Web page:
Animal Assisted Therapy (AAT)

Animal Assisted Therapy (AAT) is an experiential treatment method that involves clients interacting with animals, which could include dogs, horses, cats, or birds, among others. AAT has been used to treat issues including ADD, abuse, depression, anxiety, drug abuse, eating disorders, and more. AAT can take different forms. Depending on the animal, in animal assisted therapy, a client might keep a dog, cat, or other pet at home for emotional support. If you are staying in a residential treatment facility, such as a hospital or a rehab center, a trained therapy animal might visit you. Or, during a session, a client may groom, feed or walk the horse while the therapist observes the clients' reactions to the horse's behavior (known as equine assisted therapy). Therapists that utilize AAT often believe that animals provide comfort and calm as well as instant and accurate feedback of a client's thoughts and feelings, which can help both the therapist and client become more aware of these emotions. Animals are nonjudgmental, which can help clients connect with another living being that accepts them – making it easier to learn to trust, and easing the path into having trusting relationships with other people. Think this approach might be right for you? Reach out to one of TherapyDen’s AAT specialists today.

Meet the specialists

I offer Animal Assisted Play Therapy to children to help with a variety of issues, including low self esteem, depression, anxiety, attention and learning difficulties, and poor social skills, to name a few. It primarily focuses on the child's strengths while also addressing his or her life challenges. While all of my therapy during the Covid-19 crisis is provided online, this particular form of therapy needs to be done in the office. I will resume offering it once it is safe to do so.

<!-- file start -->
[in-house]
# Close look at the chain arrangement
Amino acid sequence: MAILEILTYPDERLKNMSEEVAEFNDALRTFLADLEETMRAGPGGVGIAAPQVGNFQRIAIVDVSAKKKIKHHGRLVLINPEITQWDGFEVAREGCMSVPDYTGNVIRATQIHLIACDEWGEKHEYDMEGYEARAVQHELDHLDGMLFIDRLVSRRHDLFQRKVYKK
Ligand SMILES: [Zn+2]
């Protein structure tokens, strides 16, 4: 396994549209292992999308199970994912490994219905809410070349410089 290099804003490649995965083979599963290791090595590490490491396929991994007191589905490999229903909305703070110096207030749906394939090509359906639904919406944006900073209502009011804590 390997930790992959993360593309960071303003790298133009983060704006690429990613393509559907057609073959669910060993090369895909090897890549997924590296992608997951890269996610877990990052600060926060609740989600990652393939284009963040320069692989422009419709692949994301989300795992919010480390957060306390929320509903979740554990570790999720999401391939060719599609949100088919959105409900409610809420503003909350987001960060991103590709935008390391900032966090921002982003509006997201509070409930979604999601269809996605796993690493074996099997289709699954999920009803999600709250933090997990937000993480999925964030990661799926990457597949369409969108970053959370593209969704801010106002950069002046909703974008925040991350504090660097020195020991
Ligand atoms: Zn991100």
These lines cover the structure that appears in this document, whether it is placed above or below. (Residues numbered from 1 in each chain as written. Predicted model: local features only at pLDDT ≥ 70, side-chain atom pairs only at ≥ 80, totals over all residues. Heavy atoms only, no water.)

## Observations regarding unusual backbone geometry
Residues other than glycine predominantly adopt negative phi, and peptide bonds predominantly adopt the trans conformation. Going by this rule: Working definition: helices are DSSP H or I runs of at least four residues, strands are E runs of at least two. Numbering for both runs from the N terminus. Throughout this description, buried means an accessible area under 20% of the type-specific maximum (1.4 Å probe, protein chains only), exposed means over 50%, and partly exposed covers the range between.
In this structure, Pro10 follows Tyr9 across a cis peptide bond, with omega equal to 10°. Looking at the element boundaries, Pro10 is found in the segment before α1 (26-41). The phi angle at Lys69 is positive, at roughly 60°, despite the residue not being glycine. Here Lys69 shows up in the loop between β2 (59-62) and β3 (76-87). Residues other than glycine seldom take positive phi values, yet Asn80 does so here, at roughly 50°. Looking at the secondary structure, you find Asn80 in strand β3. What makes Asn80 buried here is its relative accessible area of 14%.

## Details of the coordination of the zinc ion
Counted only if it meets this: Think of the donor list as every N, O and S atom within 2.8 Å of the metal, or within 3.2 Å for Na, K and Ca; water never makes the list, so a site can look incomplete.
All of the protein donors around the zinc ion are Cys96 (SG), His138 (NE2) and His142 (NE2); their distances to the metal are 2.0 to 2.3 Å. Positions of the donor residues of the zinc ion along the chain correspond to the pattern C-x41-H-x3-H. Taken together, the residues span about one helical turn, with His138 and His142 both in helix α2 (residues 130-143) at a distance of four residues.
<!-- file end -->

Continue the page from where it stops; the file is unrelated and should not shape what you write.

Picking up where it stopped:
— Lisabeth Wotherspoon, Licensed Clinical Social Worker in Rochester, NH
 

For several years, I have worked with clients/patients using Animal Assisted Therapy as an adjunct to the therapeutic process.

— Dr. Vicki D. Coleman, Licensed Professional Clinical Counselor in Las Vegas, NV

My therapy dog, Lilly, LOVES her job. A sweet and gentle Cavanese, Lilly greets patients with great enthusiasm, enjoys giving kisses, and knows when it's time to offer comfort or lay quietly in her bed. She is hypoallergenic and weighs about 18 pounds. She sometimes snores loudly during sessions, but more often wants to sit next to patients as a warm and comforting presence during therapy.

— Lauren Bartholomew, Psychologist in King of Prussia, PA
 

When doing therapy, I often relate back to animals and how they function in their own world. Do animals have anxiety and to what extent do they have anxiety? Why is anxiety chronic in humans but not in wild animals? When it comes down to it, humans are animals and if we look at animals behavior, we can often help explain our own behavior and get back to our natural instincts.

— Chase Tucker, Licensed Professional Counselor in Lakewood, CO